Count III - Malicious Prosecution

         To prevail on a malicious prosecution claim, plaintiff must show (1) the commencement of an original criminal or civil proceeding by the defendant; (2) the termination of the proceeding in favor of the plaintiff; (3) a lack of probable cause; (4) malice; and (5) damages. Jones-Huff v. Hill, No. 14 C 9577, 2016 WL 5171780 at *7 (N.D. Ill. Sept. 21, 2016).

         Lieutenant Bonner and Officer Cap

         Lieutenant Bonner and Officer Cap move to dismiss, arguing that plaintiff's malicious prosecution claim is conclusory and without factual support. Plaintiff responds that she told the officers that the dog was not poisoned and did not die, that she only cleaned the alley concrete slab where the dog urinates in the alley through the fence and where other dogs urinate, and that the dog never went in the alley because he is confined to the back yard. Plaintiff further says that the officers “proffered false evidence at trial and prior to trial that plaintiff had poisoned the Castaneda dog when in fact she had not.” (ECF No. 71, p. 3). These facts are sufficient to put defendants Lt. Bonner and Officer Cap on notice of the allegations against them. Accepting these allegations as true, the Court finds that plaintiff has alleged facts that plausibly support a claim of malicious prosecution.

         Yolanda and Alonso Castaneda

         Plaintiff says that the Castanedas gave false information to the police, which led to her arrest and the criminal case against her. The Castaneda's move to dismiss, arguing that “plaintiff could never assert a claim for malicious prosecution against the Castanedas because she admits that she did actually pour bleach in the area used by the Castanedas' dog.” (See Defs' Castanedas' Mt. to Dismiss, ECF No. 70, p. 3.) The Castanedas say that, in light of this admission, plaintiff has pleaded herself out of court.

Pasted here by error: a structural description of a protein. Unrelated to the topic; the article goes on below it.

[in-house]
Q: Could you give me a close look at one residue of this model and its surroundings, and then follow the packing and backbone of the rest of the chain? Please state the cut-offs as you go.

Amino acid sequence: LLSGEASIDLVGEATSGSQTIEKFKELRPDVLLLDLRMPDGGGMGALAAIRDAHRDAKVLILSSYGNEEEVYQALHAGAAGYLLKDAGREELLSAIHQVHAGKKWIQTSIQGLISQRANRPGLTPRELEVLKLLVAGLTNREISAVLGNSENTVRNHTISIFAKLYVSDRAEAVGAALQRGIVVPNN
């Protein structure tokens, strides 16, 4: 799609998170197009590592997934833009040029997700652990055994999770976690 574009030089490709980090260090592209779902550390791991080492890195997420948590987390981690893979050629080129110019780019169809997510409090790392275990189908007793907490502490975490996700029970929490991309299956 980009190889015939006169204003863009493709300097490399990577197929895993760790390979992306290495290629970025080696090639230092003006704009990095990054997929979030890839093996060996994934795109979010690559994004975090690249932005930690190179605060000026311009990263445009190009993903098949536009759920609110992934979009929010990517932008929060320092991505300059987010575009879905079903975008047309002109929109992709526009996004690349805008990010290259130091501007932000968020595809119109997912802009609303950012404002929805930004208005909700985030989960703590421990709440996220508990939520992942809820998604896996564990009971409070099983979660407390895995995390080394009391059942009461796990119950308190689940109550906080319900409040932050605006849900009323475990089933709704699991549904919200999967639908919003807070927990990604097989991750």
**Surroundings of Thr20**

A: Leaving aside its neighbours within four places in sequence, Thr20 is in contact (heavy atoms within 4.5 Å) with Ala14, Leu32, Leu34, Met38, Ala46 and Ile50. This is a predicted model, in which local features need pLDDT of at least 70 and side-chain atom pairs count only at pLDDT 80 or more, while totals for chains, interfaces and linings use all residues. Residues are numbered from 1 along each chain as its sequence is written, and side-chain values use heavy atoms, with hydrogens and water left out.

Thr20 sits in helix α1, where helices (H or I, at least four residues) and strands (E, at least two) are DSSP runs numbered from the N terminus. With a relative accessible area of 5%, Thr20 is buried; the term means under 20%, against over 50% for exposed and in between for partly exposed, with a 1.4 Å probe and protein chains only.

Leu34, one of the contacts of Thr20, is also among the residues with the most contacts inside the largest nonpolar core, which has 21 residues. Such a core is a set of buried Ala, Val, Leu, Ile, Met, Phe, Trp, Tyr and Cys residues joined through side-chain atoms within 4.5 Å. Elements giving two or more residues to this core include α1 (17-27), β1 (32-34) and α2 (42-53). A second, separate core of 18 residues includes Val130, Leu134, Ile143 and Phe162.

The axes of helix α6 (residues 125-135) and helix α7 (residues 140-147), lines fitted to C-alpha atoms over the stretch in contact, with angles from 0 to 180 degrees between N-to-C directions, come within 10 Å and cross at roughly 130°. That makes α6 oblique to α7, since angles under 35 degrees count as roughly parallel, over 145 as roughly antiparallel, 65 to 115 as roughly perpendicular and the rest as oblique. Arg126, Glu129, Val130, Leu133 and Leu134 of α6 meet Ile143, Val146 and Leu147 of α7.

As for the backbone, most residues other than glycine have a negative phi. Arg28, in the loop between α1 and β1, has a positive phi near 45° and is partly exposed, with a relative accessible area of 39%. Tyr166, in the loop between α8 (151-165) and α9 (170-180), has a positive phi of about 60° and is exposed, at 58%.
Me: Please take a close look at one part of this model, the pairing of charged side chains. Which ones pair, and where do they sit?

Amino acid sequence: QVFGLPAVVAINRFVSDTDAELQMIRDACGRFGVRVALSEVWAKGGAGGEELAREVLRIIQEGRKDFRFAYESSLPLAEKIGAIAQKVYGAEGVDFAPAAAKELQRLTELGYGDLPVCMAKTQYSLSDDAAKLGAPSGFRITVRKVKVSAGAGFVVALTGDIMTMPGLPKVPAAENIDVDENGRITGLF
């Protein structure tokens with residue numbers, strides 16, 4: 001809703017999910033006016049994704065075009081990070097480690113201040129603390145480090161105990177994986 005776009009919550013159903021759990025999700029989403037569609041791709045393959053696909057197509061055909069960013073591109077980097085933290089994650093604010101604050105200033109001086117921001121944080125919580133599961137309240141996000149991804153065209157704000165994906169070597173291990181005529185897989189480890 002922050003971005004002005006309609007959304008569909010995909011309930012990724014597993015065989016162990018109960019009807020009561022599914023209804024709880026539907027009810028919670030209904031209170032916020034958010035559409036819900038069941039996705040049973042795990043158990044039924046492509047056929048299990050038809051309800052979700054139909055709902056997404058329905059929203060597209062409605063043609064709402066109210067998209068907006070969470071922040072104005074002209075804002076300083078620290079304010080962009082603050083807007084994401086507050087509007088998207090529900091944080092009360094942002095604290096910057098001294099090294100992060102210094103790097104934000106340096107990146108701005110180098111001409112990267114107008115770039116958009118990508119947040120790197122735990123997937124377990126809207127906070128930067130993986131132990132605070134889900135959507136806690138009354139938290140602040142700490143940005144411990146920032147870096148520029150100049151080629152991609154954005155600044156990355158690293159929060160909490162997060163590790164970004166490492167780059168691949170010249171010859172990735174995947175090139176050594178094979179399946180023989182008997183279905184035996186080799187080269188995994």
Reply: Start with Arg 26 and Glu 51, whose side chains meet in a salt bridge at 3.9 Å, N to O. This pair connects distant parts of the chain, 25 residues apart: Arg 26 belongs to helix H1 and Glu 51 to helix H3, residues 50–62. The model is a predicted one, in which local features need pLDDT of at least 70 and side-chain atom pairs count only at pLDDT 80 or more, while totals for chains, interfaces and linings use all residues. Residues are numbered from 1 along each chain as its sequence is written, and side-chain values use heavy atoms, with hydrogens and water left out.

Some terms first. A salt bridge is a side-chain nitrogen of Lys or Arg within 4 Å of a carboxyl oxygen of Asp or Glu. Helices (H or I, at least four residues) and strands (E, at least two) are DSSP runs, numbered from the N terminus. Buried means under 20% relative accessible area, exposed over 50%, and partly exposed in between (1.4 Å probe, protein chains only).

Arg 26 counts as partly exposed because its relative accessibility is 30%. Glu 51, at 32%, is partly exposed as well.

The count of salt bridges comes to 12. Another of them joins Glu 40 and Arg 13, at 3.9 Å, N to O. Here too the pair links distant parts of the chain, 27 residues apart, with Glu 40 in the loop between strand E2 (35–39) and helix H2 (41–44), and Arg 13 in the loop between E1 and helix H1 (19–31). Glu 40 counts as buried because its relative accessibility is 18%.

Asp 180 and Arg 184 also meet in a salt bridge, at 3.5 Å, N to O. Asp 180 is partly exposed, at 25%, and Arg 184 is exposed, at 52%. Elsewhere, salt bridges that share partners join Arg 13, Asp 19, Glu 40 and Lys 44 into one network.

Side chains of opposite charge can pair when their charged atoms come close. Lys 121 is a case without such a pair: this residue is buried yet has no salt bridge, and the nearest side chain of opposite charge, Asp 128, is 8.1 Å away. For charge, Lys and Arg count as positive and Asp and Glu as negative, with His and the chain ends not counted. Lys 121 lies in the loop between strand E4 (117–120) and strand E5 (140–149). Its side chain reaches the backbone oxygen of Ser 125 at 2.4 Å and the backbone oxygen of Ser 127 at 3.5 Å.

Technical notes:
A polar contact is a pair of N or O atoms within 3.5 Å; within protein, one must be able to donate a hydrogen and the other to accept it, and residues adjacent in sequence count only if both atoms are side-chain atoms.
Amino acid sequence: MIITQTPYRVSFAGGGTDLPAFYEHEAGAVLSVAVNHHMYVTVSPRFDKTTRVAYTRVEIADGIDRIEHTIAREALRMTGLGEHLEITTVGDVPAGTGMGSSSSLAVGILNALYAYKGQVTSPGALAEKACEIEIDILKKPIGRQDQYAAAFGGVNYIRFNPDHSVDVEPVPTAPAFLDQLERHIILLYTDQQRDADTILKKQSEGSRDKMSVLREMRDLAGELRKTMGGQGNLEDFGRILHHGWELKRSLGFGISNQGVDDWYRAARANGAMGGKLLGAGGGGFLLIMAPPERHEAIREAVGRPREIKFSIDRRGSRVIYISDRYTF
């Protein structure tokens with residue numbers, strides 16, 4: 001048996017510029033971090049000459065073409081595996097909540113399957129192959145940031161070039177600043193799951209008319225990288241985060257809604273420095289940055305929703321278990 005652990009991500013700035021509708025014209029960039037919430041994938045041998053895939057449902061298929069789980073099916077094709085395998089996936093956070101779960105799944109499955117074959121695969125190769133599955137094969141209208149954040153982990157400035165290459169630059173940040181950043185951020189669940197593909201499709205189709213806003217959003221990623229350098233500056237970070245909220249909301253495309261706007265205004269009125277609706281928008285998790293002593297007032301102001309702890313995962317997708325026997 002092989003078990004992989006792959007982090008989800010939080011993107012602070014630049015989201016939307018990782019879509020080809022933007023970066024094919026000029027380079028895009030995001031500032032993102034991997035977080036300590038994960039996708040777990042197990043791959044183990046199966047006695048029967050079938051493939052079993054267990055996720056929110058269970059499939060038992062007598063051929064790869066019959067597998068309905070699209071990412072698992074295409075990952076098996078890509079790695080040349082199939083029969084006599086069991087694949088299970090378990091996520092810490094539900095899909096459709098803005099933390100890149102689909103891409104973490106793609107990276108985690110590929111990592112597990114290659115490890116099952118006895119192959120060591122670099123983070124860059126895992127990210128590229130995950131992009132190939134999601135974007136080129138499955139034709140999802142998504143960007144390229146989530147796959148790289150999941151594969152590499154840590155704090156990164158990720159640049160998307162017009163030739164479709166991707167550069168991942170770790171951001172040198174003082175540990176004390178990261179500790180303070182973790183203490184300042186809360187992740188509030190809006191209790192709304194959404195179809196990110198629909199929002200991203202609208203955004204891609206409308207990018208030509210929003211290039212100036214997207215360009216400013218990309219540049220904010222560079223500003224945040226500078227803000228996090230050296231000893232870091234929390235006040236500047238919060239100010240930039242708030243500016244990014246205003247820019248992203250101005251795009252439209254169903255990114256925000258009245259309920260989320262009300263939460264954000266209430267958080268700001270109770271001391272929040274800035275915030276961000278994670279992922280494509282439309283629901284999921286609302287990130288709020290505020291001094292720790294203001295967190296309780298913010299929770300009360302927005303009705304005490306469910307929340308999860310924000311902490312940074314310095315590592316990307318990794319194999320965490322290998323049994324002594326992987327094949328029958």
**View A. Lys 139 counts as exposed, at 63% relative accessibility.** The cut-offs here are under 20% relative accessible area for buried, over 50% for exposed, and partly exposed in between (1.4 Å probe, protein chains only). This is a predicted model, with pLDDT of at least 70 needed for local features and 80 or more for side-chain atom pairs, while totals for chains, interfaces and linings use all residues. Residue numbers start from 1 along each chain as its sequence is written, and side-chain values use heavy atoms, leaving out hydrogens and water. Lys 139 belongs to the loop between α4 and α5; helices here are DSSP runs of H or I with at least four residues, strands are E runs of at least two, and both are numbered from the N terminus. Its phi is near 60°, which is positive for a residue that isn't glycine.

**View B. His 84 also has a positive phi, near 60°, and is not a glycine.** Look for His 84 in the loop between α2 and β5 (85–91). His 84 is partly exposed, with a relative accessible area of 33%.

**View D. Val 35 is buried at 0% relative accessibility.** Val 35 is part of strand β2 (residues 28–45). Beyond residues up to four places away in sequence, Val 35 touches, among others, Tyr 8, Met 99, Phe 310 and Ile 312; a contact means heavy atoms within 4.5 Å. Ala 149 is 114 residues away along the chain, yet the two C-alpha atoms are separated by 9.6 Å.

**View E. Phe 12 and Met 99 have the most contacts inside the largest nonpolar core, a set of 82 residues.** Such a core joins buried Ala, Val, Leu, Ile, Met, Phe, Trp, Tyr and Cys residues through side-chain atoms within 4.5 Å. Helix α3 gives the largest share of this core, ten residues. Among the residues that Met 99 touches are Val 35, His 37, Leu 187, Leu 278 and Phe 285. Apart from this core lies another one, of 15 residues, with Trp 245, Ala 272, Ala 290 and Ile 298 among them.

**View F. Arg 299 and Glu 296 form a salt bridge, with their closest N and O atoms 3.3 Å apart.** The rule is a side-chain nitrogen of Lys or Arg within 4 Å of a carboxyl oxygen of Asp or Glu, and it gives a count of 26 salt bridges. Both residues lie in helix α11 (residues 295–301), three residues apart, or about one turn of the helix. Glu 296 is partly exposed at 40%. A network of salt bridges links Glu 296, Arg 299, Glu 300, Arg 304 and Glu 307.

While plaintiff admits using bleach in the alley, she says that she was cleaning the alley with a diluted solution of bleach, that she told the officers that she was cleaning the alley and not trying to poison any dog, that the police officers had no probable cause or reasonable suspicion to arrest her, that the Castanedas told the police that their dog had died as a result of the alleged poisoning, and that the dog did not die.

         Here, taking plaintiff's allegations as true, the Court finds that plaintiff has plausibly alleged a malicious prosecution claim and that she has not pleaded herself out of court. Using a diluted amount of bleach for cleaning an area that the Castaneda dog allegedly cannot access (other than by urinating through a fence) does not necessarily equate to poisoning. Plaintiff's admission does not defeat her claim at this stage.

         Accordingly, defendants' motions to dismiss plaintiff's malicious ...


Buy This Entire Record For $7.95

Download the entire decision to receive the complete text, official citation,
docket number, dissents and concurrences, and footnotes for this case.

Learn more about what you receive with purchase of this case.